14 April 2011
IRAQ ANALYSIS: The least reported unarmed revolution in the Middle East
by Michele Naar-Obed
[Note: this piece has been edited for CPTnet. The original is available at http://www.commondreams.org/author/michele-naar-obed.]
Since 17 February 2011, military forces have fired indiscriminately into crowds of unarmed demonstrators. There have been hundreds of arrests, torture and disappearances of protest organizers, and empty promises made by government leaders. Amnesty International has intervened and word came from a reliable source that a phone call from U.S. Vice President Joe Biden was able to pull government military troops off the streets and away from unarmed demonstrators.
This scenario is not in Libya, Yemen, Syria, Egypt, or Tunisia. These events have been taking place in Kurdish north of Iraq, where people been just as active in their nonviolent uprising against a corrupt and repressive government, although their efforts have receive almost no coverage from major international media.
Daily, thousands of demonstrators flood the city center—now dubbed “Freedom Square”—of Suleimaniya, Iraq. There have been eight civilian deaths in Suleimaniya city and scores of injuries resulting from armed government forces opening fire with live ammunition into the crowds. Government security forces killed five unidentified people alleged to be terrorists outside of Suleimaniya. During the imposed curfew, government forces and armed militia positioned themselves throughout the city of Suleimaniya and surrounding Freedom Square. An independent television station was burned to the ground. Suleimaniya students studying in Erbil universities were sent back to Suleimaniyah and government authorities set up roadblocks around the city of Erbil to prevent Suleimaniya cars from entering. There have been assassination attempts against religious leaders advocating for this nonviolent revolution. The Kurdistan Regional Government's Parliament has held emergency sessions to negotiate the demands of the people, but no agreements have arisen from these sessions.
The Kurdish people of northern Iraq have been under foreign control and dictators for centuries and have been living in a semi-autonomous, self-governed region in Iraq since 1991. They believe that they were only able to get this far because of the establishment of the UN no-fly zone in 1991 after Saddam Hussein killed hundreds of thousands of Kurds and destroyed most of their villages in his vicious Anfal campaign of the late 1980's.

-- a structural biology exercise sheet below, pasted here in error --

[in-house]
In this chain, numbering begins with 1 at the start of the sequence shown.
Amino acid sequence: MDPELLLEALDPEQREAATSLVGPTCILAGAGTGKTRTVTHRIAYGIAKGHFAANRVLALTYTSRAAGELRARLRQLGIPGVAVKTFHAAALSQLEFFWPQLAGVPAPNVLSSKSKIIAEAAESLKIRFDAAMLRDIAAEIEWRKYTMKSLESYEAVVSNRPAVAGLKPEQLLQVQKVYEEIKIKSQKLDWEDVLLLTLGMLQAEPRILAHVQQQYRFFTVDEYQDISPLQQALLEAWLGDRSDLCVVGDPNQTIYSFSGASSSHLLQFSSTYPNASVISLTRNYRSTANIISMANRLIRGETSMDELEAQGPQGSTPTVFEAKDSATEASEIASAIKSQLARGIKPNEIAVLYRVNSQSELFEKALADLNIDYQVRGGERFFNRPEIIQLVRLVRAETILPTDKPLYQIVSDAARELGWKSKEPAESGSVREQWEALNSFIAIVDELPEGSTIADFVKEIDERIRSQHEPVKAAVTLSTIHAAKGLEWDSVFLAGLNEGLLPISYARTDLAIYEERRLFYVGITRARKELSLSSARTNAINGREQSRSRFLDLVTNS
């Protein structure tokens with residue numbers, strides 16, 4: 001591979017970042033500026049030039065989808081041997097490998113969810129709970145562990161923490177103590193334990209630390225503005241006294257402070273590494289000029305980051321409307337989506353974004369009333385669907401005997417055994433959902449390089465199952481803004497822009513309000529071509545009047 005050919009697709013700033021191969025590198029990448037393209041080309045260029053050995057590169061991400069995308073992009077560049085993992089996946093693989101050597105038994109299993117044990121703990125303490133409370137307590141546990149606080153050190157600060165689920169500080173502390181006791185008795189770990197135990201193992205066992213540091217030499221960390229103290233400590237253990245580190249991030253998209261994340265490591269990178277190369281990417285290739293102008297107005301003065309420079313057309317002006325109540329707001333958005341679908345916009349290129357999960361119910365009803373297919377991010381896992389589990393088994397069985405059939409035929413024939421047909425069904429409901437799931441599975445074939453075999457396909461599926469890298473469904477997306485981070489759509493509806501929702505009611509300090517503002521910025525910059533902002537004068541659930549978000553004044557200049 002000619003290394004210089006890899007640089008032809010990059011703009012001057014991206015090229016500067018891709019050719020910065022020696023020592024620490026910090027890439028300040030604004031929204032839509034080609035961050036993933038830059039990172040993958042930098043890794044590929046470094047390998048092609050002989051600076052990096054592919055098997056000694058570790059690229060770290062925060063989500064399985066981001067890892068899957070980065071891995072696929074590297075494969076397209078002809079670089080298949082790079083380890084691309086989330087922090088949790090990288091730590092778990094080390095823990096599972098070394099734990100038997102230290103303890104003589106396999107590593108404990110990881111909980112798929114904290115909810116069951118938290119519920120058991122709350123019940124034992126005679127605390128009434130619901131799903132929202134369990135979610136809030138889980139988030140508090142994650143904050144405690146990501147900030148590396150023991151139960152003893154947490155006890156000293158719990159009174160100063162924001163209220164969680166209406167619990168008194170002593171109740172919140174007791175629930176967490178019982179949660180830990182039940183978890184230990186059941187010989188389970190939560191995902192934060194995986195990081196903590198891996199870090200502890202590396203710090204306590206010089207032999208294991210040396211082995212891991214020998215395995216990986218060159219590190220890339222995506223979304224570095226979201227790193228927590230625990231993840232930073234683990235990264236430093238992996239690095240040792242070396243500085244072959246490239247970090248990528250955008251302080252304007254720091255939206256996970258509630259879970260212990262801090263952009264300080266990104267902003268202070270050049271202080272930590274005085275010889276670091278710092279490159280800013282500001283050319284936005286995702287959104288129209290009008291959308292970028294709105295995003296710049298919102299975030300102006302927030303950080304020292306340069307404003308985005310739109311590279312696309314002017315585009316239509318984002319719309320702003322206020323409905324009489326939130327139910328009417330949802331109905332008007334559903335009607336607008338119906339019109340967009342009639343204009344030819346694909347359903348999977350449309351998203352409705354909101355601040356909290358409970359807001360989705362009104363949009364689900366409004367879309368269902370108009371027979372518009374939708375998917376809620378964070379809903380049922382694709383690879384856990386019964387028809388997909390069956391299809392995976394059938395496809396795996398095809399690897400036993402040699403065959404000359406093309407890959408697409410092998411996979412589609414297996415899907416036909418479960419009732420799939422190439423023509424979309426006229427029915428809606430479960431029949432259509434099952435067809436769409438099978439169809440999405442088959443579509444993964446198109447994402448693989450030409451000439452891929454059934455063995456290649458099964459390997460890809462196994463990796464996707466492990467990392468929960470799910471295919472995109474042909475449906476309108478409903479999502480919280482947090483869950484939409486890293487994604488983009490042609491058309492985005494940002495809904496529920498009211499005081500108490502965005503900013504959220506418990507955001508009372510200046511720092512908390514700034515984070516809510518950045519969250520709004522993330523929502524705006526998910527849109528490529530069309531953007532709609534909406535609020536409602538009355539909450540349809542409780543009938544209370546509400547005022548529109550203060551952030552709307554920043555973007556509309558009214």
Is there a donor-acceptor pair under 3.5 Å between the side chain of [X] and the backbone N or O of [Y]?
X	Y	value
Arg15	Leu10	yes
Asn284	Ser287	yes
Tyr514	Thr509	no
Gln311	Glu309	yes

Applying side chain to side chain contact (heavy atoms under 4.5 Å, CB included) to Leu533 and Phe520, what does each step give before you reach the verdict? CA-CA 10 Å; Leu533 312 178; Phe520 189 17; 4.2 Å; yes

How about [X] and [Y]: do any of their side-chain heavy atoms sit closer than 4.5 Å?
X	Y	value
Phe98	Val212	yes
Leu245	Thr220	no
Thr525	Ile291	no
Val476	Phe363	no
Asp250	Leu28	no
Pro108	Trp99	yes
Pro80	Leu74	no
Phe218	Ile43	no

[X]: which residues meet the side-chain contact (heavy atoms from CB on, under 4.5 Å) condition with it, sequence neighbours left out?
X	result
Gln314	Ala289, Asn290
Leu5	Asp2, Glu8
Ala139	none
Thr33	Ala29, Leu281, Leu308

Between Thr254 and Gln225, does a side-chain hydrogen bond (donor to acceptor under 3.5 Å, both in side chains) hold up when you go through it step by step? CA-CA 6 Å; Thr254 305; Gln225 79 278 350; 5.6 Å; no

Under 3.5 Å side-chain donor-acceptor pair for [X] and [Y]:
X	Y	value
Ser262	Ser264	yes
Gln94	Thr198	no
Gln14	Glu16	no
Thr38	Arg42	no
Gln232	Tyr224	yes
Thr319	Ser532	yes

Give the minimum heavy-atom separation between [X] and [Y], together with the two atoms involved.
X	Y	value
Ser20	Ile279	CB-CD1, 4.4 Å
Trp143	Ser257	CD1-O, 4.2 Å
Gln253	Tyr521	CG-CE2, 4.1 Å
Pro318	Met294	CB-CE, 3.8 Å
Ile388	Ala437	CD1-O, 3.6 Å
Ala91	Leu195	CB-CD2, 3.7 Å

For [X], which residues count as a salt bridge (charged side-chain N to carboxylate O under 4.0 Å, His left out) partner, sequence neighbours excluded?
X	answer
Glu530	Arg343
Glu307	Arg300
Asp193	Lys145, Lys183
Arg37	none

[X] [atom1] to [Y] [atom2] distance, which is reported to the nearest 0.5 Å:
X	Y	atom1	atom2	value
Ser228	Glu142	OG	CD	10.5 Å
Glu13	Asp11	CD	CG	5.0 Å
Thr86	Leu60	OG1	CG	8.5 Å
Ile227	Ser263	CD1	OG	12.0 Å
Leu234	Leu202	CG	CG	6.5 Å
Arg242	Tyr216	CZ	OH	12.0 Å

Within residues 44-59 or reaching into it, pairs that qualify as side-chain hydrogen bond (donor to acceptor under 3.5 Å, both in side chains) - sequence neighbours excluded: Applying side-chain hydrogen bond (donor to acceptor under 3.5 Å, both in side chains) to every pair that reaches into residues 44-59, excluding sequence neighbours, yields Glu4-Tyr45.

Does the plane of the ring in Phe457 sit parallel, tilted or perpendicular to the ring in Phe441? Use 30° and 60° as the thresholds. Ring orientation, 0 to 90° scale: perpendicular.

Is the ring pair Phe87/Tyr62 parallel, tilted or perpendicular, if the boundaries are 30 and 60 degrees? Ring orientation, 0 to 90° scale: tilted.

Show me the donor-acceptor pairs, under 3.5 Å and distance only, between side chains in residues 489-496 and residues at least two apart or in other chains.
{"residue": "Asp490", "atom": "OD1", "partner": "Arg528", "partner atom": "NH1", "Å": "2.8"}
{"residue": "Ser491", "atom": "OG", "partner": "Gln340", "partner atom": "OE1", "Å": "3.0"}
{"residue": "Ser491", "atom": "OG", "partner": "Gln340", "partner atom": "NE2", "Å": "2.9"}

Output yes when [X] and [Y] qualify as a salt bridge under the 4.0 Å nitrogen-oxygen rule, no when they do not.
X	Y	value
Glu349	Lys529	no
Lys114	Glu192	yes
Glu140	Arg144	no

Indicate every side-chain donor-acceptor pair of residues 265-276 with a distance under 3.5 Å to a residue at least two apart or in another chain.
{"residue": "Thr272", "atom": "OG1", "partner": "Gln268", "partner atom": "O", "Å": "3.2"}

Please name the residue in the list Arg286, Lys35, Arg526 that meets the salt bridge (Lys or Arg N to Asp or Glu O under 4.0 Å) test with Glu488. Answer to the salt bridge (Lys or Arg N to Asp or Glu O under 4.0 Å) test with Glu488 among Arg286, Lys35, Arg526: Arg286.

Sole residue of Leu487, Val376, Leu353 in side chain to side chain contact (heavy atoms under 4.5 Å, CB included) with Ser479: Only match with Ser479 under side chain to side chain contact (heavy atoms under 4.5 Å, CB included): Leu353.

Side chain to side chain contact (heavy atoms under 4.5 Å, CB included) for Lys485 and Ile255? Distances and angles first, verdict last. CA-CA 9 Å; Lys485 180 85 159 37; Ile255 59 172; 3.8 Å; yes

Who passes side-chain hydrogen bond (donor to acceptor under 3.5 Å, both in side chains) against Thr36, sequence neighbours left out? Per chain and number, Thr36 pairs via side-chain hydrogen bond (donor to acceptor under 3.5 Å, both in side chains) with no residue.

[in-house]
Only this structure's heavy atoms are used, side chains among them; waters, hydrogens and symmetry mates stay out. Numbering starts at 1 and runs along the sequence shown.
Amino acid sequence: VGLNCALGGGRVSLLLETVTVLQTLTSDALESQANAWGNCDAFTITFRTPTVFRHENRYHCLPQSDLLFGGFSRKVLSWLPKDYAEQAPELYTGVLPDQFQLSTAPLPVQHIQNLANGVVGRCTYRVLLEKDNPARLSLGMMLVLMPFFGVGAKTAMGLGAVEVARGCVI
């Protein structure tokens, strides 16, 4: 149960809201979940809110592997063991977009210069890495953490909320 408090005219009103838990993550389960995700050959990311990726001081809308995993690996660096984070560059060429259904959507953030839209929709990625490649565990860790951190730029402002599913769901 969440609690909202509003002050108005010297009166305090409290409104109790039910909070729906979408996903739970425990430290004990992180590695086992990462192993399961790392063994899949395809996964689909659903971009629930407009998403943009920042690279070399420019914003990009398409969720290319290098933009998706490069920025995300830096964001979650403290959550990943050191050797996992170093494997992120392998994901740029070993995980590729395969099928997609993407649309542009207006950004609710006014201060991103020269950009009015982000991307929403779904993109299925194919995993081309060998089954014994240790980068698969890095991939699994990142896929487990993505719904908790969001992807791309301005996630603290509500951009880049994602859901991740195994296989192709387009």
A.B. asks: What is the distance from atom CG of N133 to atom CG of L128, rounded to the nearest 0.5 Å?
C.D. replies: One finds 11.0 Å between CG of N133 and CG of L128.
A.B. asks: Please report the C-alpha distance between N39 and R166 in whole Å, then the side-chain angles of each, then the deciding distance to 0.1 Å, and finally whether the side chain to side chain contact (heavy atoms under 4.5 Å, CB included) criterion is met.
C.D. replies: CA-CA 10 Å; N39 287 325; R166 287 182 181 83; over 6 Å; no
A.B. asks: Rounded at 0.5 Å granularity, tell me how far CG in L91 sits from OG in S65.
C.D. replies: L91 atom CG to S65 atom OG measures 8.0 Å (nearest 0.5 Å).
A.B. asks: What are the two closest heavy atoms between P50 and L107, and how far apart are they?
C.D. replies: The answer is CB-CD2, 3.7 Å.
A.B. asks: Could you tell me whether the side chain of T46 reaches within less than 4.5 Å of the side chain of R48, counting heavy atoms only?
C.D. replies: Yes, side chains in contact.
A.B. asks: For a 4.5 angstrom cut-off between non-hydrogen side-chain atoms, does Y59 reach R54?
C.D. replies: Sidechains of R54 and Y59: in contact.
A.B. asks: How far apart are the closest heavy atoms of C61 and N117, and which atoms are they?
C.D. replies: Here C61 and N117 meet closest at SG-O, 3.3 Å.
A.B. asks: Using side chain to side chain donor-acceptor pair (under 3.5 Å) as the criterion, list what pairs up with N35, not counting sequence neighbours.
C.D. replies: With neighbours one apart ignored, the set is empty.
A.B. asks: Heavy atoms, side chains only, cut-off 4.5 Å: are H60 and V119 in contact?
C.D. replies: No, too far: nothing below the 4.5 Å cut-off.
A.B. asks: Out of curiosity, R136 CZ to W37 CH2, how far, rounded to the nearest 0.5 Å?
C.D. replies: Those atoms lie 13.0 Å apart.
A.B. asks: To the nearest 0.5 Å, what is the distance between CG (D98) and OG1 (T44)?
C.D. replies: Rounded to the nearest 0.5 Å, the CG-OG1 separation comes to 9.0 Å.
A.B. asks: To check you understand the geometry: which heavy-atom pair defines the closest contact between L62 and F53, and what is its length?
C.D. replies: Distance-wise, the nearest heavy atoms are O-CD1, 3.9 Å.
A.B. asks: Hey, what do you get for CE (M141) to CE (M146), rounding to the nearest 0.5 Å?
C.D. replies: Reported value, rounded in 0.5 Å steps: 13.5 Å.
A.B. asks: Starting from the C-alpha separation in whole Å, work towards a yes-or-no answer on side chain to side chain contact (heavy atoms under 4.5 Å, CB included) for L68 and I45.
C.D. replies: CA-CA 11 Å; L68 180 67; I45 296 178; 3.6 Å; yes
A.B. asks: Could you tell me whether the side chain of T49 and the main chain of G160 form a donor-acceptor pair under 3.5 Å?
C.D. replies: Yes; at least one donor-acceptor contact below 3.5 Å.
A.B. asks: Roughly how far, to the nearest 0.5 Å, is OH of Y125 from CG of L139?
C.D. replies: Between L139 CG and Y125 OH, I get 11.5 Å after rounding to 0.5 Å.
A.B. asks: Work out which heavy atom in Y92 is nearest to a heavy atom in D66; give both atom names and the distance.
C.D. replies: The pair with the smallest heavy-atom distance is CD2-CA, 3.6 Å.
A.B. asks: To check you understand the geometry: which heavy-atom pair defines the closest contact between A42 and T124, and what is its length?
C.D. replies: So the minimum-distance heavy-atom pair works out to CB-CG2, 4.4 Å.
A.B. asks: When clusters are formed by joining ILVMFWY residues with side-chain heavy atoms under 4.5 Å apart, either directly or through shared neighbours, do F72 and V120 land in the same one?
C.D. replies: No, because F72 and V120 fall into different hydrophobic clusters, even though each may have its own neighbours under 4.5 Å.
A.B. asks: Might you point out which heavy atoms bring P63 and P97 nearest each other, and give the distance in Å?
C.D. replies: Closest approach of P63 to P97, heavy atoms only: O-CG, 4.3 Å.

Who came to the forefront as leaders of the new Kurdish society in 1991? Two strong fighters from the Talabani and Barzani tribes were key in leading the Peshmerga (Kurdish soldiers) in the fight against the Ba'ath Party regime. Jalal Talabani set up his party (PUK); and Masoud Barzani set up his (KDP), and for a while, they shared power within the Kurdistan Regional Government (KRG). For twenty years, they have corrupted all aspects of the government with tribal party rule.
The Kurdish people of northern Iraq have found their voice and they are screaming for change. Some of the people screaming the loudest are the artists, poets, religious leaders, women, the youth, the doctors, the engineers, the scholars, and the many that have lived abroad under democratic governments.
There is real possibility that this change can come about without an armed people's revolution. The international community should pay attention now, and think about how it can support these activists in their nonviolent struggle to end the oppression carried out by the ruling parties—parties backed by the western countries’ foreign policies. If we pay attention now, maybe our children and our grandchildren will not have to face the decision whether to use military force to drive out yet another entrenched dictator.